Stressful times for students at Ukraine rebel universities
Third-year economics student Inna Shmarai is kind of stressing out these days.
Donetsk: Third-year economics student Inna Shmarai is kind of stressing out these days.
It`s not just that exams are coming up soon at the National University in the Ukrainian city of Donetsk and some of the stuff she`s been studying this term has been really complicated.
What`s adding to the slight 19-year-old`s worries is that ever since her university was taken over by armed separatist fighters in east Ukraine she isn`t sure exactly what degree she`ll receive when she eventually does graduate -- and whether it will actually be worth anything.
"Mostly we are concerned about our degrees because of the political situation and the war," Shmarai told AFP.
"Then you can add to that worries about the fact that exams and grades are on their way too," she added, as she headed towards a lecture with a pile of books under her arm.
Shmarai, and thousands of other students like her in the war-torn region, are caught at the centre of a tug-of-war. Since the insurgents seized power in a bloody conflict that began in April, they have cemented their grip over everyday life in the towns they run.
That has now expanded to the education system and universities -- with institutes made to switch over to the rebel`s self-declared people`s republic.
Technically, the university Shmarai is attending should not even be open.
As the fighting raged and separatists took over several months back, the state-run Donetsk National University officially closed down and shifted its campus some 800 kilometres (500 miles) west to the town of Vinnytsia, deep in government-held territory.
But not everyone has moved. While the rector left another, rebel-approved, head took over and many professors and students have remained.
Now the university, unrecognised by the authorities in Kiev, has carried on giving lessons and readying for exams.
"We call the other university a clone," says deputy rector Alexander Maznev dismissively of the government-backed institute now completing its first term in Vinnytsia.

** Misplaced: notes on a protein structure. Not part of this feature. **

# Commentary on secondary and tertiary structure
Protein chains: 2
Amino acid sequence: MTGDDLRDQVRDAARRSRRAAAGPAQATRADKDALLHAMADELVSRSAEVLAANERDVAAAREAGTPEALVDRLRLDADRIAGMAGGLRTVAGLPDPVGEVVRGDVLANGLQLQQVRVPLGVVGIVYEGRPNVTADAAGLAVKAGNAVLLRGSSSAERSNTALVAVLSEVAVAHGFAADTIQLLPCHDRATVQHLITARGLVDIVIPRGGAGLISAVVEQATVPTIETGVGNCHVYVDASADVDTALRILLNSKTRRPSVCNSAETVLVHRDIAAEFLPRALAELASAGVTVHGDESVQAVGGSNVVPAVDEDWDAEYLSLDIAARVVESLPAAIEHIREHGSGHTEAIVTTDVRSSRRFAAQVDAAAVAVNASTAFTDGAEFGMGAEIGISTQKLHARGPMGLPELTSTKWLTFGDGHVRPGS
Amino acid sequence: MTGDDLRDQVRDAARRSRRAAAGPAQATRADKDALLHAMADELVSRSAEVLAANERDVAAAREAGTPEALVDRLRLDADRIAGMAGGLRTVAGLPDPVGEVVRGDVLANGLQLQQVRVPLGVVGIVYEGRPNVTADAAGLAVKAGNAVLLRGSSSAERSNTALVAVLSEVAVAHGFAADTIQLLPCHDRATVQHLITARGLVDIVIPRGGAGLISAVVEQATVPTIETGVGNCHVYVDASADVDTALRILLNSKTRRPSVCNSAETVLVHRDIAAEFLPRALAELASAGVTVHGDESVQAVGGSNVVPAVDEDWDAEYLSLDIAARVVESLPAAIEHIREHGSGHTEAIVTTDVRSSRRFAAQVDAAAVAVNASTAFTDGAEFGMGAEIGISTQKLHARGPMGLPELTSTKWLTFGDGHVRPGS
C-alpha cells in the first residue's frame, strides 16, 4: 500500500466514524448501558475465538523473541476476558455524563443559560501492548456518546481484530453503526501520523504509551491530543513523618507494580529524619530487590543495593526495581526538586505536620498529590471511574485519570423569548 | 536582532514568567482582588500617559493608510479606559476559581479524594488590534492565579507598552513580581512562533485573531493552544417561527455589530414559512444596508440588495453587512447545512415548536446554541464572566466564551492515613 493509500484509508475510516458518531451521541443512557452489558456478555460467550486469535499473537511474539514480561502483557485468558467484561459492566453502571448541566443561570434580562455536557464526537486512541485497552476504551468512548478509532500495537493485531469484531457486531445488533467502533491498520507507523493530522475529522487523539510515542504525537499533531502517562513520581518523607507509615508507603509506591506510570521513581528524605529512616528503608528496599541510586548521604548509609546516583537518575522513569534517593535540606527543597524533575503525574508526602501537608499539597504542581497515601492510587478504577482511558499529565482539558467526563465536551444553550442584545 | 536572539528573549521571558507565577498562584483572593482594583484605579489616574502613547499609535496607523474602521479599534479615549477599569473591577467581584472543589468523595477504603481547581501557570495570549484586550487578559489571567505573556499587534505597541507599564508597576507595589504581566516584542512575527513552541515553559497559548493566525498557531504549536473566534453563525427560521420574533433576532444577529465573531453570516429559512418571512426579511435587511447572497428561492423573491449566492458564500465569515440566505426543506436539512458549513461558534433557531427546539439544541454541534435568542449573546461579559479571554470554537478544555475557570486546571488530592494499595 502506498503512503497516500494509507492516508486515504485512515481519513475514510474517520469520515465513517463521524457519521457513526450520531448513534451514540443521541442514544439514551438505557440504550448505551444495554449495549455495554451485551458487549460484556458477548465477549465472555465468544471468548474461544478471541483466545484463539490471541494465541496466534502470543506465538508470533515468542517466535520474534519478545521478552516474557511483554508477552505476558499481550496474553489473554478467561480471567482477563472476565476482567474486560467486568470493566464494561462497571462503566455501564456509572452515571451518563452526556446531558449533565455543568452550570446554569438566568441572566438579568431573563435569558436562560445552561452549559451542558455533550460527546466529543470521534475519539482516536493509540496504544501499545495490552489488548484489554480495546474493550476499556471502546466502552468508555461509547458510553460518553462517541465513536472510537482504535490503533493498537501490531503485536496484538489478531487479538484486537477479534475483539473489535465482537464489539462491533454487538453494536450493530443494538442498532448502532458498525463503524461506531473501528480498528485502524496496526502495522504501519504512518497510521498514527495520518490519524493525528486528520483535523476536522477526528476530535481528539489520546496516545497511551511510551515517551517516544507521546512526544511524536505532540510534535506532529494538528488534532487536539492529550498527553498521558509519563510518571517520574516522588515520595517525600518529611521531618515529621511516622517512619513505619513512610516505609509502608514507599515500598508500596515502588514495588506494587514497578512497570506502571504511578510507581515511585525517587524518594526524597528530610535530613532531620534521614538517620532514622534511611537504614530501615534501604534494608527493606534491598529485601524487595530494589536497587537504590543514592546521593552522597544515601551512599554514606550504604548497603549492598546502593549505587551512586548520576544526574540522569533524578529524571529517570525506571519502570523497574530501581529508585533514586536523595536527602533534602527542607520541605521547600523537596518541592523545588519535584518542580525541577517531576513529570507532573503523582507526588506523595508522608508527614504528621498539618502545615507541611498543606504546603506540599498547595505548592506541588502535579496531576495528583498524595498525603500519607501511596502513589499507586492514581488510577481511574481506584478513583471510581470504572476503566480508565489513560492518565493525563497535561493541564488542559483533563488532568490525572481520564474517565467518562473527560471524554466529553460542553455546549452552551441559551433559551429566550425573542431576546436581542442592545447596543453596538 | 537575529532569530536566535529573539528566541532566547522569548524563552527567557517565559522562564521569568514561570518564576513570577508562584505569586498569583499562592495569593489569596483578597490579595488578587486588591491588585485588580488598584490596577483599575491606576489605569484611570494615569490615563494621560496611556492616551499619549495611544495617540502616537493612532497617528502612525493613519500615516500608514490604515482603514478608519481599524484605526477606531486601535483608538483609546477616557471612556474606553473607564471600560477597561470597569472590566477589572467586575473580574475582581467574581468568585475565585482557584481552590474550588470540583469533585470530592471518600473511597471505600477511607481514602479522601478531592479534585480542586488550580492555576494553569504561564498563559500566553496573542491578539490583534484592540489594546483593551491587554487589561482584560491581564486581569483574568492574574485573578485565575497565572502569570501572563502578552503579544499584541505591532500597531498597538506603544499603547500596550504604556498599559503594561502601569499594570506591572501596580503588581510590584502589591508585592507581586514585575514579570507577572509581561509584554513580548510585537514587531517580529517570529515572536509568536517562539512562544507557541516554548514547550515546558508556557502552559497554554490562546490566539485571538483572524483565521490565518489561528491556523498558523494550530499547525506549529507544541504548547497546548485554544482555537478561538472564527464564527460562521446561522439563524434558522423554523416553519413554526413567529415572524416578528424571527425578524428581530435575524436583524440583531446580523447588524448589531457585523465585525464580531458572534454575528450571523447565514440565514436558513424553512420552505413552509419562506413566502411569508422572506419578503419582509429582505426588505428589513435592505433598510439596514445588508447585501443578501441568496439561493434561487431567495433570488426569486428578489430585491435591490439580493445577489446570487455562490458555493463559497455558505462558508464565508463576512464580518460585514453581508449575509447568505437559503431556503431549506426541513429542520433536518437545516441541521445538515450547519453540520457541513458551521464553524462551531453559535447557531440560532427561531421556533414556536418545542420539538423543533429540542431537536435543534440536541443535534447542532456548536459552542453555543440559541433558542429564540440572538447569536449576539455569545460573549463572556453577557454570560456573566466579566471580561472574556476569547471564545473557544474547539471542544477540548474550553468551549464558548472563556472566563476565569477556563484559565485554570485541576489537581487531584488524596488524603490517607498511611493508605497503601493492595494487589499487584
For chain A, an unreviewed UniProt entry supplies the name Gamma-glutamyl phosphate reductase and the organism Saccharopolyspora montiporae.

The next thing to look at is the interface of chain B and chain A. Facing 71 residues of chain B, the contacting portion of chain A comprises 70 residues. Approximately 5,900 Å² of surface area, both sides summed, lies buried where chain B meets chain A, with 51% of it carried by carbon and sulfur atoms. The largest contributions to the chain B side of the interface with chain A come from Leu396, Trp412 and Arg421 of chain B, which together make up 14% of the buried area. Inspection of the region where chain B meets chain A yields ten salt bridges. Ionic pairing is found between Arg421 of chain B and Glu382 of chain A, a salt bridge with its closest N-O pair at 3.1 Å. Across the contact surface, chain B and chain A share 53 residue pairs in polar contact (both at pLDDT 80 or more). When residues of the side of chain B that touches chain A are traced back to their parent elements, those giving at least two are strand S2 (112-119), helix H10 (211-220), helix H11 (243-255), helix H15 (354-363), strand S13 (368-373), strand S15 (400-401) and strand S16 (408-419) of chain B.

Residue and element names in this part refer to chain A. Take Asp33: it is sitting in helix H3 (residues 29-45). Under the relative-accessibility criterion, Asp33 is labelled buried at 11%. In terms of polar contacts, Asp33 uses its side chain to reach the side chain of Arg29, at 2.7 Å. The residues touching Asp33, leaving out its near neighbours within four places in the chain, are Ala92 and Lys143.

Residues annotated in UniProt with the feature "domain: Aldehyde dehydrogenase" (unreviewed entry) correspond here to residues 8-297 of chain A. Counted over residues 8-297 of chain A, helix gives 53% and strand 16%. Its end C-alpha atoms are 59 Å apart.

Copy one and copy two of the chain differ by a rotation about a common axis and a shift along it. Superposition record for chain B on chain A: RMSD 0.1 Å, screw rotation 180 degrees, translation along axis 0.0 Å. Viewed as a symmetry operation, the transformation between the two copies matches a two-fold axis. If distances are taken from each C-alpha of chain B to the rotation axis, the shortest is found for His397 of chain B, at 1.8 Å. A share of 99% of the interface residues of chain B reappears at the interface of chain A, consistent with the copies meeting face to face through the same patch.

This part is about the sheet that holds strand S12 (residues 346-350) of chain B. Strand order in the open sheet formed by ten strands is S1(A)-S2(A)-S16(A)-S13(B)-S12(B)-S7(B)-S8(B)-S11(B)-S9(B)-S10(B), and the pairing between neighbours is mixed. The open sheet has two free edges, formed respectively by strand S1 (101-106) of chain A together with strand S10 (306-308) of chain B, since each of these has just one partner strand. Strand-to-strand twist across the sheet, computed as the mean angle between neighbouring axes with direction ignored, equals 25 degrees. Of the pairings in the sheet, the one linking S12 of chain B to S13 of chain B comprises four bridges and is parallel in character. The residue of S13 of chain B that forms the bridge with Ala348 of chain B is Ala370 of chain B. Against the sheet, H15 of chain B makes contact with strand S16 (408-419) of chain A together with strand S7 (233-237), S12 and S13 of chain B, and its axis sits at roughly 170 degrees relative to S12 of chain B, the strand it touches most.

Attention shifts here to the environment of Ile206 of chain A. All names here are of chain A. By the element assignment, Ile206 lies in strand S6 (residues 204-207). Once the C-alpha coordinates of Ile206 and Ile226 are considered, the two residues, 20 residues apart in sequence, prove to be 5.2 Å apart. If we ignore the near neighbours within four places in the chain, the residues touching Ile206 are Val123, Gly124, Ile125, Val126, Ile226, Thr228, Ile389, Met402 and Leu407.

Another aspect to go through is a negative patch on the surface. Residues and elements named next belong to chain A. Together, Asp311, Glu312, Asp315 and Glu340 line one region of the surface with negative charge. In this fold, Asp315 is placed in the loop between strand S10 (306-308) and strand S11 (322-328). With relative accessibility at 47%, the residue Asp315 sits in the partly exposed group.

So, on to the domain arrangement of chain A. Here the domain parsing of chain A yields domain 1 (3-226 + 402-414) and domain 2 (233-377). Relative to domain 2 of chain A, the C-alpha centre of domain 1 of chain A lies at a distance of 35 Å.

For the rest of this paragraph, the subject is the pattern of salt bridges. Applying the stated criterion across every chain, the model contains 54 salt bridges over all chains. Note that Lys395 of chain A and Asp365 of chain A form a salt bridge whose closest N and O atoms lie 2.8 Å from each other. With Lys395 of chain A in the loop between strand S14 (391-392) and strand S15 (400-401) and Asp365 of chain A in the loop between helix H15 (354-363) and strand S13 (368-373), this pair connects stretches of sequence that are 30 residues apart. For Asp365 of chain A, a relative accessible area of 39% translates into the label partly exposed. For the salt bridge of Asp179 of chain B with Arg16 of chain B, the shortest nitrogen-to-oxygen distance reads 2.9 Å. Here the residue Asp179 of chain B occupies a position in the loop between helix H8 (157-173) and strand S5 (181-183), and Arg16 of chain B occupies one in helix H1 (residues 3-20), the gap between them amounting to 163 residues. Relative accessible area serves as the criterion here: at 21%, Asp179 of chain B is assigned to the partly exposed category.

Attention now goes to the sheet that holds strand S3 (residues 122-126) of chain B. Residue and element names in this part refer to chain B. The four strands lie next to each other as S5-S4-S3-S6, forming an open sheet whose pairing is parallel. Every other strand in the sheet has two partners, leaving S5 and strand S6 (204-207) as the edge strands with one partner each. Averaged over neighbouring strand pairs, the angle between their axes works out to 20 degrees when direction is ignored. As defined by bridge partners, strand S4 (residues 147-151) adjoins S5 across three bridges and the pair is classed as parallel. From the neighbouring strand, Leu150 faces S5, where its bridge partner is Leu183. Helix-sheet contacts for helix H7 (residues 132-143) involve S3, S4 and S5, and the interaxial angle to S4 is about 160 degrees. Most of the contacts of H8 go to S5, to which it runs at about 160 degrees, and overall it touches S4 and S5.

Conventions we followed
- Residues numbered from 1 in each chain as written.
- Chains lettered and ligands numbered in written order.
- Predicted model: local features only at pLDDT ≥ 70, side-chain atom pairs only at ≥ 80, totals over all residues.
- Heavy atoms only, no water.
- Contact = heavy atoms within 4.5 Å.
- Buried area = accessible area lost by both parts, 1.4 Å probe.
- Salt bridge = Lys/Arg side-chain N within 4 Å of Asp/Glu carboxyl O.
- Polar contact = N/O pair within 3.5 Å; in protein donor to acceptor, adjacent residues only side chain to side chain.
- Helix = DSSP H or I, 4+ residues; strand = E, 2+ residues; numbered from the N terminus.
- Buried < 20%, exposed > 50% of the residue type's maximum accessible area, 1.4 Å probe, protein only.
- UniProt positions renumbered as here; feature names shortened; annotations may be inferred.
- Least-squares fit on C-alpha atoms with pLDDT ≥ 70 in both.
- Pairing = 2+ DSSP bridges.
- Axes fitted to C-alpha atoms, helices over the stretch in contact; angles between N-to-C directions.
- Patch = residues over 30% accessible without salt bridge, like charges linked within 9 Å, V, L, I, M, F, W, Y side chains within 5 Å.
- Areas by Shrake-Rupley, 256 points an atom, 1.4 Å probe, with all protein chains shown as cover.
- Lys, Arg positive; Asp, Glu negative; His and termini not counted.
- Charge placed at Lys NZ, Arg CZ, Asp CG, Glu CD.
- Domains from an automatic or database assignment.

"The other one may become a legal entity but it will never be a real university."
However, despite the confidence, it is the universities in the rebel-held territory that are struggling for legitimacy.
Without the backing of the central government none of the degrees they plan to eventually give out will be recognised by Ukraine`s education ministry. The separatist authorities have sought to calm the nerves of anxious parents and students by saying that it is the name of the university and not the state that stamps the degree that matters.
They are also trying to get Russia to recognise degrees from universities they control.
Sitting in his office in military fatigues, rebel education minister Igor Kostyenuk said that the rebel statelet`s diplomas would be accepted across the "Eurasian space" -- meaning, he hopes, in Russia, Belarus and Kazakhstan.
"In Russia, they`ll be accepted as documents proving higher education," he said.
For some students that is all the assurance they need.
"I know exactly what diploma I will receive, it will be one from the Donetsk People`s Republic and it will be a pleasure for me to get it," said stocky first-year history student Igor Makuzin as he came out of a class in Russian history.
"I have no desire to work anywhere else. I want to remain here and work for our republic."
But others are not convinced.
"We obviously have specific worries on this matter, everyone is scared," said classmate Anastasiya Yermolaeva.
"We don`t know what will happen in the future and if we`ll be able to get work with these diplomas."